These early asylums were primarily custodial institutions. They emphasized detention, economic efficiency, and behavior management. Superintendents were practicing physicians who called themselves alienists. They were appointed by the governor, usually as a reward for political support, and the asylums operated under independent boards that set their own standards and management practices. As a result, activities of different institutions were not coordinated. Care for those incarcerated in the asylums varied greatly. Mismanagement and mistreatment of patients and staff at times elicited public attention and censure. Some of the superintendents attempted, however, to improve the care of patients. Dr. F. S. White, superintendent at the State Asylum in Austin before the turn of the century, first advocated a cottage system for custodial care. White's alternative provided a semblance of noninstitutionalized life for patients and diminished the effects of the asylum itself on their symptoms. Despite this early proposal, White's concept was not fully implemented in Texas until 1932 at Wichita Falls State Hospital. B. M. Worsham was another doctor who pleaded for "scientific investigation and treatment of the insane." He decried the absence of "a pathological lab or medical department" at the State Asylum in the late 1890s. The most significant of the early superintendents was Dr. David R. Wallace, a friend of Sam Houston. Wallace was the first physician in the state to limit his practice to psychiatry. He was appointed superintendent of the State Asylum in 1874 by Governor Richard Coke, served in that post until 1879, and in 1883 was appointed superintendent of the new North Texas Lunatic Asylum. He retired in 1896. During his tenure as superintendent of the two institutions, Wallace successfully resisted political patronage in the asylums, advocated removal of the "harmless mentally retarded" from them, did away with restraint, introduced occupational and recreation activities as treatment modalities, and utilized furloughing as a prominent part of institutional procedure.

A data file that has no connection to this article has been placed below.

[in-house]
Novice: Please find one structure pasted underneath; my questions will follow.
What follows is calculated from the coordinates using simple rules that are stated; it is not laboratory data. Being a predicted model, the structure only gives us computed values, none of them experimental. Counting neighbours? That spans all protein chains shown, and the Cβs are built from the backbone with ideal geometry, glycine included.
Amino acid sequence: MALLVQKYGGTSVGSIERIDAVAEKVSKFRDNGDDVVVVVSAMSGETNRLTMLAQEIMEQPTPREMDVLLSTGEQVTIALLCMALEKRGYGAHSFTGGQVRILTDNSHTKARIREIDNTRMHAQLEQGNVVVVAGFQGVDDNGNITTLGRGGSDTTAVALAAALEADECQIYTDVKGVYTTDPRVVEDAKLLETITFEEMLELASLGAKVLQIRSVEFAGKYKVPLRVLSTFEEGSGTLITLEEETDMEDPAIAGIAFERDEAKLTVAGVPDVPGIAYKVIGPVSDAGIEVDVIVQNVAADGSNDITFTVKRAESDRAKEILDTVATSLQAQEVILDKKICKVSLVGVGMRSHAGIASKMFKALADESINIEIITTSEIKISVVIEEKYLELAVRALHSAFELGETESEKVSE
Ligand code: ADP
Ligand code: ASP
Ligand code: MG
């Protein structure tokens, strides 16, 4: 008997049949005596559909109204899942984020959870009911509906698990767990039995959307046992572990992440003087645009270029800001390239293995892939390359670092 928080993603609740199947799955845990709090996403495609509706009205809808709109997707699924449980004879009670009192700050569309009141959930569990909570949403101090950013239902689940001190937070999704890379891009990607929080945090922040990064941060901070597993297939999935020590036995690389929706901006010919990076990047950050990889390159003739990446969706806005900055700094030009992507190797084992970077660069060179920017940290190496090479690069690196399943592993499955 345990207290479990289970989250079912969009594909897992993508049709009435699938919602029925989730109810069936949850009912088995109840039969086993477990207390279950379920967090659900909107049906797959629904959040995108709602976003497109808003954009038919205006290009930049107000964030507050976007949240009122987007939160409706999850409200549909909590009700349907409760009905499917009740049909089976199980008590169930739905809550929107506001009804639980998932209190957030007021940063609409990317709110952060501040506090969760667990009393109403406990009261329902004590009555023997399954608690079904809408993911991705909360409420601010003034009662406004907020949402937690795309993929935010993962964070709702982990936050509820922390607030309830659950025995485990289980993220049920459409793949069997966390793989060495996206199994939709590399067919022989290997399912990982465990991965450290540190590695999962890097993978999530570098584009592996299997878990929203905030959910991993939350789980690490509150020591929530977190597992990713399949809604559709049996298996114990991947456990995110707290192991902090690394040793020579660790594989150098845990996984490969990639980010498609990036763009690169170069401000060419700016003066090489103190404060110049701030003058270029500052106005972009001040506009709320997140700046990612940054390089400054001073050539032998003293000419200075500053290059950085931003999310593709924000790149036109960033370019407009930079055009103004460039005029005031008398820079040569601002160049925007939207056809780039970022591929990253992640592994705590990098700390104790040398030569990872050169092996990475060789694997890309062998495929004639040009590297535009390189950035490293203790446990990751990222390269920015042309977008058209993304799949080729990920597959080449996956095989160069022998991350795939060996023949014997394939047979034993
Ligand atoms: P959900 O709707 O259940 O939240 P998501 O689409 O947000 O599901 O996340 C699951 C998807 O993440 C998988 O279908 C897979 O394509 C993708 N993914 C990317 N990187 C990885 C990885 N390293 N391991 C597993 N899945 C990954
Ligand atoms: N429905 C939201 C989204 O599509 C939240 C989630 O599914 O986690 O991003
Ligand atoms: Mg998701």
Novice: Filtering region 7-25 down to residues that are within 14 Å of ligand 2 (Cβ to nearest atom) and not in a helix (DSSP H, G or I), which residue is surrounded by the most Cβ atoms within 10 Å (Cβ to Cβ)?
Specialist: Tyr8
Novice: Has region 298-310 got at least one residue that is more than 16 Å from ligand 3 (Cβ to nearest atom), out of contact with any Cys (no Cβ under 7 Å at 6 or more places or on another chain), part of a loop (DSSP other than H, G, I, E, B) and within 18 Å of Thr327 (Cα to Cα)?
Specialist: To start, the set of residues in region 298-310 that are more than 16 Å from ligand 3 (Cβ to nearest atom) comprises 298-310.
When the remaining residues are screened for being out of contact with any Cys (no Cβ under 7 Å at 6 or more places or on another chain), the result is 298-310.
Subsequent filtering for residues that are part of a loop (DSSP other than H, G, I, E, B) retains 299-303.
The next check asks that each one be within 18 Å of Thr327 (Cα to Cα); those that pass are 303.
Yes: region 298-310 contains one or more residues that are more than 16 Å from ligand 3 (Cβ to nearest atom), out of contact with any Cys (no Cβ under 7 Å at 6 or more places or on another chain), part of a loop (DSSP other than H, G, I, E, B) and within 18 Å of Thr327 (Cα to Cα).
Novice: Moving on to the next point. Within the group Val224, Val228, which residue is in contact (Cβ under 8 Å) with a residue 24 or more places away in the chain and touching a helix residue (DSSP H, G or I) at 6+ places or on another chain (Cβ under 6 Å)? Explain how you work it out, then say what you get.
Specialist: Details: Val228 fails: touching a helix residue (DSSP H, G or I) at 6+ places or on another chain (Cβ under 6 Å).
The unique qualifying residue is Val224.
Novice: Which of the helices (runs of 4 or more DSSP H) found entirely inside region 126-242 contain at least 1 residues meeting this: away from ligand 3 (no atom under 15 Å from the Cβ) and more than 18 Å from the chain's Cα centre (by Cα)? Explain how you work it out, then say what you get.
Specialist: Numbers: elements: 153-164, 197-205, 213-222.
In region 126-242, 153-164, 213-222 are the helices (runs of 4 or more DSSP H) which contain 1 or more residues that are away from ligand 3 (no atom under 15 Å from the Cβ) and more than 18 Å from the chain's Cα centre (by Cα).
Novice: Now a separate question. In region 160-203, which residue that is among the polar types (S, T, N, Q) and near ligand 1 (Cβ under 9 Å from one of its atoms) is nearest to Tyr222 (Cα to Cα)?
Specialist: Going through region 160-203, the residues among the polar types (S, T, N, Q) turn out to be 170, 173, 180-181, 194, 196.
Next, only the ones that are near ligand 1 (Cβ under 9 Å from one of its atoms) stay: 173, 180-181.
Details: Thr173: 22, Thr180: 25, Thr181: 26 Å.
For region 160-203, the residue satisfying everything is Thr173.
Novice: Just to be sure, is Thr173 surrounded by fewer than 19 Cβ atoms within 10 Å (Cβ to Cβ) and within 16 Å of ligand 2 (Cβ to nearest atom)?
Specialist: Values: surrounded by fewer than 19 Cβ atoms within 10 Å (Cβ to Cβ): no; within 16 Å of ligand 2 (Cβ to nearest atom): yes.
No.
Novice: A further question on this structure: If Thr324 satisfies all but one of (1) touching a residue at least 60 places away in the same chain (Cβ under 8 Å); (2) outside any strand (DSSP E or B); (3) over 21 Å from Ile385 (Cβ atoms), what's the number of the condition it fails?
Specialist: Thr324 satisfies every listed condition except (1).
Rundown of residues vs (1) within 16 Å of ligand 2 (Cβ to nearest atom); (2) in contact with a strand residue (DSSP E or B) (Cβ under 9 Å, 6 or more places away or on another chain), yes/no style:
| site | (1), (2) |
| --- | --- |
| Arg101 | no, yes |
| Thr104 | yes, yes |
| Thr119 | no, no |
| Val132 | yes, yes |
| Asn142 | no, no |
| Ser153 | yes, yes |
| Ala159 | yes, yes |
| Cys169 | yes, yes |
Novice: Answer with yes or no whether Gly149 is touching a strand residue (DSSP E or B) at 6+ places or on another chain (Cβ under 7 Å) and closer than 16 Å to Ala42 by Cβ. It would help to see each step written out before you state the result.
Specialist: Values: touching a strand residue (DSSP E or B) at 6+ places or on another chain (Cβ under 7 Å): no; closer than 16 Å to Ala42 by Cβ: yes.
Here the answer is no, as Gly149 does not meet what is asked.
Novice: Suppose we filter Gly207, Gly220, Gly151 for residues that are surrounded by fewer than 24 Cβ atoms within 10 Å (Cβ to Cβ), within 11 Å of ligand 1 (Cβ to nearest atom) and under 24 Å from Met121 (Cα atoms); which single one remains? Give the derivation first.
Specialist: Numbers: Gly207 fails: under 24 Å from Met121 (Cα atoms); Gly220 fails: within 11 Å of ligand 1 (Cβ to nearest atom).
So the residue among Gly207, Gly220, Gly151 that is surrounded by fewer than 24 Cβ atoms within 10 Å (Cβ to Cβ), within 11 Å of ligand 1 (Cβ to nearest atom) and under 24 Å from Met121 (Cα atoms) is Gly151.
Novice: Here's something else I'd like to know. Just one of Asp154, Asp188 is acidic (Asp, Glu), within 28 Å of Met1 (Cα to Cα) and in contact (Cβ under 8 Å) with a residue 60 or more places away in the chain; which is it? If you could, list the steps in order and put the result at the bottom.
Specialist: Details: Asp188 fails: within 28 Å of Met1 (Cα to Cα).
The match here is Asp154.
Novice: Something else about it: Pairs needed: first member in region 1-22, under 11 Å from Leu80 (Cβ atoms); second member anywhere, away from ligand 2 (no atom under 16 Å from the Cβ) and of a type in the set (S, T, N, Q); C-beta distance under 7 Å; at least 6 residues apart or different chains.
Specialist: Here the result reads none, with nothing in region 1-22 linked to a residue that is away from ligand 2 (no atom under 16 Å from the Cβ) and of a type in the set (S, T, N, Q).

In 1913 the state legislature attempted to promote coordination among the various institutions by lengthening the terms of individual boards of managers to six years. At the same time, Dr. Thomas W. Salmon surveyed the various asylums and made recommendations to the governor. His report strongly recommended establishment of a common state authority. In the meantime, the governor signed legislation in 1917 mandating two new institutions for the mentally ill. First, prison land at Rusk in east Texas was to be used for a hospital for the "Negro insane." Before it accepted patients in 1919, this institution opened its doors to all races and its name was changed to East Texas Hospital for the Insane (see RUSK STATE HOSPITAL). The second institution, Northwest Texas Insane Asylum, was established to serve the growing population of west Texas and was ultimately built on a site seven miles from Wichita Falls (see WICHITA FALLS STATE HOSPITAL). The need for inter-institutional coordination was more effectively addressed in 1919, when the legislature abolished the various boards of managers and instituted a centralized Board of Control to manage the budgets of most state institutions, including eleemosynary ones. Further reforms of state psychiatric institutions were undertaken by the legislature in 1925. At that time, the words lunatic and insane disappeared from the names of state institutions. The legislature substituted State hospital and a locality name. A mandated mental-hygiene program approved by the same legislature was never funded. These reforms, more cosmetic than substantive, were augmented by legislative provision for two psychopathic hospitals, one in Galveston and the other in Dallas. Only the Galveston hospital was built, and during the 1930s the state system deteriorated and warehousing of patients increased. The Galveston psychopathic hospital opened in 1931 under the direction of Dr. G. W. Day. After a hurricane in 1943, it closed. In 1946 it reopened under the administration of the University of Texas Medical Branch at Galveston with Dr. Jack Ewalt as director. In 1937 the legislature authorized a new state hospital. When it opened in 1939, Big Spring State Hospital was the first state institution designed for expansion and equipped as a modern psychiatric facility.